Future Fire and Fury: Trump’s Climate Instability

Fifteen years ago today, Senators John McCain and Joseph Lieberman introduced the Climate Stewardship Act, which would have implemented a federal cap-and-trade program to reduce carbon pollution. McCain and Lieberman were horrified by President George W. Bush’s refusal to take action on the climate crisis due to the influence of the fossil-fuel industry; that industry, of course, successfully mobilized to kill the bill in October 2003.

No one could have imagined fifteen years ago that McCain would later abandon concerns about the climate crisis. Of course, no one could have imagined fifteen years ago that the country would elect a president who, when it came to climate, made George W. Bush look like Bill McKibben.

After the Stable-Genius-in-Chief announced his drill-baby-drill proposal last week, I remarked to a friend that Trump seemingly doesn’t care about the fate of his own grandchildren; rising global temperatures may not harm the rich as much as the poor, but the wealthy cannot fully escape what former President Barack Obama once called “the destructive power of a warming planet.” We often think of climate-change denial as a desperate attempt to protect the oil, coal and natural-gas industry. Through Trump, we now see climate-change denial as nothing more than the manifestation of hedonism. To Trump, the planet is one giant toy, and climate scientists and climate activists are simply harsh parents trying to prevent him from playing with that toy.

This is why reports that Environmental Protection Agency Administrator Scott Pruitt is angling to replace Jeff Sessions as Attorney General are profoundly frightening. It’s quite likely that as Attorney General, Pruitt would cook up plans to target climate scientists and climate activists, following in the footsteps of former Virginia Attorney General Ken Cuccinelli, who used his position to target acclaimed climate scientist Michael Mann. Cuccinelli’s crusade was thwarted by the courts, but it’s certainly not a guarantee that the judiciary would similarly stop a Pruitt witch hunt.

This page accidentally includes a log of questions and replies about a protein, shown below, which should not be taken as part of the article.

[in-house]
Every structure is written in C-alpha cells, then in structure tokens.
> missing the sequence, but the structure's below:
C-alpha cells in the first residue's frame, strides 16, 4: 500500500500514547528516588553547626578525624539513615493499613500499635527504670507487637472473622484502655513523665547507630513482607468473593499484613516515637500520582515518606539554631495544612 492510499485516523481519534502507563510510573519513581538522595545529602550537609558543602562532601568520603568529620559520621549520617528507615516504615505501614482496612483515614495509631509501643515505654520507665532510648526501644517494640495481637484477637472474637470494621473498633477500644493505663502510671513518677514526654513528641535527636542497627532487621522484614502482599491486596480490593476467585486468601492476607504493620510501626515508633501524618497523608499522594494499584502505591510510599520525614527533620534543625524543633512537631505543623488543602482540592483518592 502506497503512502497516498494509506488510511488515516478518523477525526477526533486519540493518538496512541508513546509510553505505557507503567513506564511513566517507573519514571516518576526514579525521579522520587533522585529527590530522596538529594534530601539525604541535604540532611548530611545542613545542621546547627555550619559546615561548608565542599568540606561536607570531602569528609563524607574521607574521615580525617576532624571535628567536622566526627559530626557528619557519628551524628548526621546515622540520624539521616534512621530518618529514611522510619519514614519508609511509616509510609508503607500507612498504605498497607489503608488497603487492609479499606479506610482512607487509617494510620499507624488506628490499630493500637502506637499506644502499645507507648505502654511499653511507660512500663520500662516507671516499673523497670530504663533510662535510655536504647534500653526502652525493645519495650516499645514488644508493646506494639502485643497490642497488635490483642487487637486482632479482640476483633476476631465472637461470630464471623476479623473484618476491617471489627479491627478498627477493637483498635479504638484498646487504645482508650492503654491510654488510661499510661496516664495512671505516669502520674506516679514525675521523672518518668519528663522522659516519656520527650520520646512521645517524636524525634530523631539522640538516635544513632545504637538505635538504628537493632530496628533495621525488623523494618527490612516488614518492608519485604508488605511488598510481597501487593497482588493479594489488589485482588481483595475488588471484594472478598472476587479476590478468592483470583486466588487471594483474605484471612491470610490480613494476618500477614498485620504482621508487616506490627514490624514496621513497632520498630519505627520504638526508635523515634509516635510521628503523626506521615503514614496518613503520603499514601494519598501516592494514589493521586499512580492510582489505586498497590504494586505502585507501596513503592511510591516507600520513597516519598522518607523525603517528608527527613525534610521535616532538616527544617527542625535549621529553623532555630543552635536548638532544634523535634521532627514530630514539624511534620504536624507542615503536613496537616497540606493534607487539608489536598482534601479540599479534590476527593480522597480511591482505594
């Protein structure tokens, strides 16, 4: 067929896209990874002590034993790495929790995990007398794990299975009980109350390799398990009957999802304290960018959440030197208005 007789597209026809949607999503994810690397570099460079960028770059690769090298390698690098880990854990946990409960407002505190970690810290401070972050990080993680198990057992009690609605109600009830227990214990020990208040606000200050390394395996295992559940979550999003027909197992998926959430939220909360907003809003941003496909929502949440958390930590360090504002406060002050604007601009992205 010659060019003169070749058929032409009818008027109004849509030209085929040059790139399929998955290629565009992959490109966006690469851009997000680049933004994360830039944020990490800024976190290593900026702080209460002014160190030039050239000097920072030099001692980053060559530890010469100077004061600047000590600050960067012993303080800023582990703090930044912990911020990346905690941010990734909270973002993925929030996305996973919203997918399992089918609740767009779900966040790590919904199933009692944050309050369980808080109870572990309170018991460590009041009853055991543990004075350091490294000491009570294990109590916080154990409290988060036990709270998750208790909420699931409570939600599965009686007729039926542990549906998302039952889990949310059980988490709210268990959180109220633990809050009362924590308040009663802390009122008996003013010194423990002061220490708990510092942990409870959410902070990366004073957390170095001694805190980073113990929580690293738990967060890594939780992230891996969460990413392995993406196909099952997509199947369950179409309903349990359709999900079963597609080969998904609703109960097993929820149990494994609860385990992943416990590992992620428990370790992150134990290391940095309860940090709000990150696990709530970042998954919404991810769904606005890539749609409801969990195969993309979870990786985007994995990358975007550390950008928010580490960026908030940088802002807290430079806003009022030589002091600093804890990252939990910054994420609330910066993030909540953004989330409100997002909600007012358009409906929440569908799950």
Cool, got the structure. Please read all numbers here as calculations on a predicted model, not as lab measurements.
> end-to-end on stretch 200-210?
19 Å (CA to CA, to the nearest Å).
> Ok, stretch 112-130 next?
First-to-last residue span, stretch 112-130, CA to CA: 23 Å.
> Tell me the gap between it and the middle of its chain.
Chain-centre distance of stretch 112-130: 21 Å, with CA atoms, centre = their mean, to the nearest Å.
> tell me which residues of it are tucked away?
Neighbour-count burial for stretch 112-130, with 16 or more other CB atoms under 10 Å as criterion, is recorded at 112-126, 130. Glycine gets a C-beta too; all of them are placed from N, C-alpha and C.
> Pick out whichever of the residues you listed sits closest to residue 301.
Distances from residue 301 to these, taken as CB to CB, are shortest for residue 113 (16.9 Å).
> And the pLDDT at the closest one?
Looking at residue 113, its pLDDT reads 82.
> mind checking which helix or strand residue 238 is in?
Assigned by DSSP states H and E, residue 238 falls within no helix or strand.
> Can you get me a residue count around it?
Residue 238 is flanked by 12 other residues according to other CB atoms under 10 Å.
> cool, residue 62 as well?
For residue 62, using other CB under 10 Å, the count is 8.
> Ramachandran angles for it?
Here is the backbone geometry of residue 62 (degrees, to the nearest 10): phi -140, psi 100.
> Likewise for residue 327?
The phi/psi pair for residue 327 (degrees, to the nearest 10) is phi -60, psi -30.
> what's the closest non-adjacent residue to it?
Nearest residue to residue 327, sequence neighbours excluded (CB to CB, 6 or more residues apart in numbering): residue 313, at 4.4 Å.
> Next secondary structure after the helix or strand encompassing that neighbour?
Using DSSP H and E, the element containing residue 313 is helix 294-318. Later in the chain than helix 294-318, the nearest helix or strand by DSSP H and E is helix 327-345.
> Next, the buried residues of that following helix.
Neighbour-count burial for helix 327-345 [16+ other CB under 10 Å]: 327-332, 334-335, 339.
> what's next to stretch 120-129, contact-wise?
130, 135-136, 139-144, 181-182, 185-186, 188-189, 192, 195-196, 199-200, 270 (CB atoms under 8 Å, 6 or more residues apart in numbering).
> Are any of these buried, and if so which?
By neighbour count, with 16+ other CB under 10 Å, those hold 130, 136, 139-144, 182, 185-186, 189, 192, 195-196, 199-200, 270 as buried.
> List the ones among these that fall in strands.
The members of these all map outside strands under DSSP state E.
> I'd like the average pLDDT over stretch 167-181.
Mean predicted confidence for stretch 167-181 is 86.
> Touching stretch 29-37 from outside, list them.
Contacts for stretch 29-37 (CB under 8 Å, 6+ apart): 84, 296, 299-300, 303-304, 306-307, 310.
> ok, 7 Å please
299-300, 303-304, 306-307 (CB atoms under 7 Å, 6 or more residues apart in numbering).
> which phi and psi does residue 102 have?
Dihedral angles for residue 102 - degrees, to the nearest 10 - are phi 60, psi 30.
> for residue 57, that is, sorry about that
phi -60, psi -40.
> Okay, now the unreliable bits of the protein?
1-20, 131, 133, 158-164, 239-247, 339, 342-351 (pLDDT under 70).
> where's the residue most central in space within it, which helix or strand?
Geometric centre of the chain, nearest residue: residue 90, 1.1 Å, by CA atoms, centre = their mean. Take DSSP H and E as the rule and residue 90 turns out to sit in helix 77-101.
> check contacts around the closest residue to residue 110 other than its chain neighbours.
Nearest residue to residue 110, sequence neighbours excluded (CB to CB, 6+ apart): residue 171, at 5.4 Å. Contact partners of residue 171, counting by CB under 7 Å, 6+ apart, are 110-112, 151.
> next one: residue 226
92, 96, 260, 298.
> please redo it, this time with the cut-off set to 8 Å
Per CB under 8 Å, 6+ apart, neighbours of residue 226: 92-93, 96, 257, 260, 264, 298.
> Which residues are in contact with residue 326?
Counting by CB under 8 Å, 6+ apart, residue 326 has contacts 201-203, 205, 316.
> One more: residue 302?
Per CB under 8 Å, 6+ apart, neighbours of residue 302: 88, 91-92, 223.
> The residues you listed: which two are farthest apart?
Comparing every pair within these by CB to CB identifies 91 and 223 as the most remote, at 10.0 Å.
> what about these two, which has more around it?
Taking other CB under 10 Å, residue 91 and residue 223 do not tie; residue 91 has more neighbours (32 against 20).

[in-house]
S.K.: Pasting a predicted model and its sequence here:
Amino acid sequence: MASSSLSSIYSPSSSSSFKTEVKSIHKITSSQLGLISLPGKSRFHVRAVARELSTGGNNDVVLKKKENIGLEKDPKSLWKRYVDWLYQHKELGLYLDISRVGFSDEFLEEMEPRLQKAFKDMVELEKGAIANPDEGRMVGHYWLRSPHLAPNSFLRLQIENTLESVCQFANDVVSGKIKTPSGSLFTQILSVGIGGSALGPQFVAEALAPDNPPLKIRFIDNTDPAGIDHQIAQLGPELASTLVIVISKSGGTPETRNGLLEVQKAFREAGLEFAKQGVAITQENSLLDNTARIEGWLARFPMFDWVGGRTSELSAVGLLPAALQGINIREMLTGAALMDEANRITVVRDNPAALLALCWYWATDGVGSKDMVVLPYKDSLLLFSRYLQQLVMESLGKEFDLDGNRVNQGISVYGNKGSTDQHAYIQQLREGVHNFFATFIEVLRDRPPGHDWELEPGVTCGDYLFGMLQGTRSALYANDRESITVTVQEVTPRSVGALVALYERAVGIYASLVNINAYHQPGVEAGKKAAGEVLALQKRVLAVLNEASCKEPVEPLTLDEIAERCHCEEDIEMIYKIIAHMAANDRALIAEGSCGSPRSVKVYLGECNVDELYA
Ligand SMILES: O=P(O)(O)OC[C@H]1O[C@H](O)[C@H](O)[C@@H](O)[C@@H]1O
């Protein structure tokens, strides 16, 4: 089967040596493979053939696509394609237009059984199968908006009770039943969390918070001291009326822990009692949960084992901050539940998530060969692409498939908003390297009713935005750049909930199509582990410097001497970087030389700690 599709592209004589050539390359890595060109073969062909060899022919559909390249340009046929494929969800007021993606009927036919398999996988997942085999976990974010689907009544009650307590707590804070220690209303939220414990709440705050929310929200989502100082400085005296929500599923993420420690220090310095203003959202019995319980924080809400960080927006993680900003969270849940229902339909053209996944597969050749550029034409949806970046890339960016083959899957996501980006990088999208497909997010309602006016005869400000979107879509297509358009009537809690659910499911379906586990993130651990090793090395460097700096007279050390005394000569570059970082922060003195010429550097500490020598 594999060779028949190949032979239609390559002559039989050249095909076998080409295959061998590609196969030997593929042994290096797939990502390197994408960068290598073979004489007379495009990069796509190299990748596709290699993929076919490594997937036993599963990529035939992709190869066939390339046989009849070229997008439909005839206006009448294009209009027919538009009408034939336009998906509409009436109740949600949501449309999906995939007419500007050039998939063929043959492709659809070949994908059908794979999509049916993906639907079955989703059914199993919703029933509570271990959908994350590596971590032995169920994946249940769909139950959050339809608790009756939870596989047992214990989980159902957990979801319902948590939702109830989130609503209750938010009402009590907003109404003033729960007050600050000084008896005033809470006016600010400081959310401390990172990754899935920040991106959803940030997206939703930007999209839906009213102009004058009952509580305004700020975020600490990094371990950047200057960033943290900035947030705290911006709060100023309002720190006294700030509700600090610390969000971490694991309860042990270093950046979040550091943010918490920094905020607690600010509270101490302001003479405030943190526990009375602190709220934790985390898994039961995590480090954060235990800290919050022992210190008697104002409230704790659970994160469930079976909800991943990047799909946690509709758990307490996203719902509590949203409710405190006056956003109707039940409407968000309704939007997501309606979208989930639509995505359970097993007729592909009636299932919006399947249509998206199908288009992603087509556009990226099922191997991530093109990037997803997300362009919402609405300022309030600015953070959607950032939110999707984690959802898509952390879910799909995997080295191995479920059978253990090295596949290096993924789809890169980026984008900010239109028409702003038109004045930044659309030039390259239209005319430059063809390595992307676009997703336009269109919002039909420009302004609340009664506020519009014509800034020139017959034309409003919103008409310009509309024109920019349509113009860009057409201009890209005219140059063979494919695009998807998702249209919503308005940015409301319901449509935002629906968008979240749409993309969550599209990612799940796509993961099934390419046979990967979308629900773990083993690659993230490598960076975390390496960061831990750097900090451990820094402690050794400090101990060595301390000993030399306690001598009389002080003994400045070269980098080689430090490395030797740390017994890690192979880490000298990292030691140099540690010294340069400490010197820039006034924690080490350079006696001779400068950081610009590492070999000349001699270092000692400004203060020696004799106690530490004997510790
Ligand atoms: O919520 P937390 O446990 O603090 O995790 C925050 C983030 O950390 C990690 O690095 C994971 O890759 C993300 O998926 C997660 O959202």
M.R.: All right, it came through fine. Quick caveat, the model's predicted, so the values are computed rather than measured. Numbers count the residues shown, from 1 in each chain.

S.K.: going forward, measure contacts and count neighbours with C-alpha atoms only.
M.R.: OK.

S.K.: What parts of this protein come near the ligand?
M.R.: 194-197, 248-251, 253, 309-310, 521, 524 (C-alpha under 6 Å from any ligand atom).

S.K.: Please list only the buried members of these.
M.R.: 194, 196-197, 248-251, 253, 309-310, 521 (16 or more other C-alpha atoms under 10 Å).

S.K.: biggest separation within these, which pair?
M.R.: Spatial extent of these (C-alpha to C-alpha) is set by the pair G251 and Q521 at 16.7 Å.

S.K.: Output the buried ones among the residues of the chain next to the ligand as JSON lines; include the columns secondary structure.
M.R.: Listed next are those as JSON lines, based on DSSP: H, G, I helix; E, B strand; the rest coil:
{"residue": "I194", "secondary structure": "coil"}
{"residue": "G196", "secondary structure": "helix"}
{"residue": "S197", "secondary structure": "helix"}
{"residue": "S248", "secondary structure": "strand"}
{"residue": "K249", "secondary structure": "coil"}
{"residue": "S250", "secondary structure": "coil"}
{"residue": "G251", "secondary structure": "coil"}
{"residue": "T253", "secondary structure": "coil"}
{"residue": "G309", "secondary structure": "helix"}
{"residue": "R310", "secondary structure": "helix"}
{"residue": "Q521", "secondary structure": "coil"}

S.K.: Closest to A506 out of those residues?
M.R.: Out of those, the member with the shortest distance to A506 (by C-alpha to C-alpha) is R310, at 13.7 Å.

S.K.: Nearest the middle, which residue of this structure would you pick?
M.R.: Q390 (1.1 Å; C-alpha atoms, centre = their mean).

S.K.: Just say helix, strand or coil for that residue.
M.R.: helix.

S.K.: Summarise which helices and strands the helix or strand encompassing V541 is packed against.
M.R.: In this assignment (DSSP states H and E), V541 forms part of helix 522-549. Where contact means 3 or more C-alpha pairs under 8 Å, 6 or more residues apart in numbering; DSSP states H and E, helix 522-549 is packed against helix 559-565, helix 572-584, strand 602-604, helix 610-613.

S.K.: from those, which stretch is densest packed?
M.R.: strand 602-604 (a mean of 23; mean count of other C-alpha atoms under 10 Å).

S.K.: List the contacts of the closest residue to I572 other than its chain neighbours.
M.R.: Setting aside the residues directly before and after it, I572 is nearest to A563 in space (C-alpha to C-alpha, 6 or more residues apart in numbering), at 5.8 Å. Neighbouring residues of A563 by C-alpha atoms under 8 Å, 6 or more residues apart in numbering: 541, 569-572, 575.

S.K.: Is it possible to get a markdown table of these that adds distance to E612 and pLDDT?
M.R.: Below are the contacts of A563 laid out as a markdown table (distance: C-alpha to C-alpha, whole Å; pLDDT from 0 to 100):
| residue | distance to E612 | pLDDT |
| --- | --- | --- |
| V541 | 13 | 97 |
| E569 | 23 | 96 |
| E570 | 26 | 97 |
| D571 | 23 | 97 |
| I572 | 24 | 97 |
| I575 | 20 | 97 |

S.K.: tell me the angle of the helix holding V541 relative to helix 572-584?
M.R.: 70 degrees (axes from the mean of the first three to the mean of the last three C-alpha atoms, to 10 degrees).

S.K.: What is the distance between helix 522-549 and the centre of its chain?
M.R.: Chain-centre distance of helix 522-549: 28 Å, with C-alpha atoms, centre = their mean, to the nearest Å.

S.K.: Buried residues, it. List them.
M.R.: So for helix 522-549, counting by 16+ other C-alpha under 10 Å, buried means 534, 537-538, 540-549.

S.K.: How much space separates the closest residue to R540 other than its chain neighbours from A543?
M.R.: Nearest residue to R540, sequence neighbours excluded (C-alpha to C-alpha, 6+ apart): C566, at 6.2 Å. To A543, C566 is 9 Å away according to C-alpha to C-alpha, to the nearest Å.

After severe flooding during Winter Storm Grayson last week, Boston Mayor Martin Walsh tried to talk some sense into those who hold fast to the Trump-Pruitt vision on climate:

Boston Mayor Martin J. Walsh said Thursday that the flooding in areas of the city from the day’s intense snowstorm underlined the potential problems the city faces from rising waters caused by climate change.

“If anyone wants to question global warming, just see where the flood zones are,” he said. Some of those zones did not flood 30 years ago, he said.

“We do have some concerns, and we’re going to stay on top of it,” he said.

“I think it reminds developers as they think about development, how do they build into that development potential protections?” he said…

“I think this is a reminder today of what could happen in a storm like this,” he said. “If this wasn’t snow and this was rain, we’d have additional flooding today.”

There will be additional severe flooding, and additional severe fires, and additional severe hurricanes thanks to the policies of Donald Trump. The 62 million Americans who voted for Mr. Bigger Button embraced, whether consciously or subconsciously, his hedonistic vision on climate, his immoral scorn for the need to protect the interests of future generations. The catastrophic choice those voters made on November 8, 2016 will be condemned by their children and grandchildren, as that choice condemned them to a fouled future.

D.R. Tucker

D. R. Tucker is a Massachusetts-based journalist who has served as the weekend contributor for the Washington Monthly since May 2014. He has also written for the Huffington Post, the Washington Spectator, the Metrowest Daily News, investigative journalist Brad Friedman's Brad Blog and environmental journalist Peter Sinclair's Climate Crocks.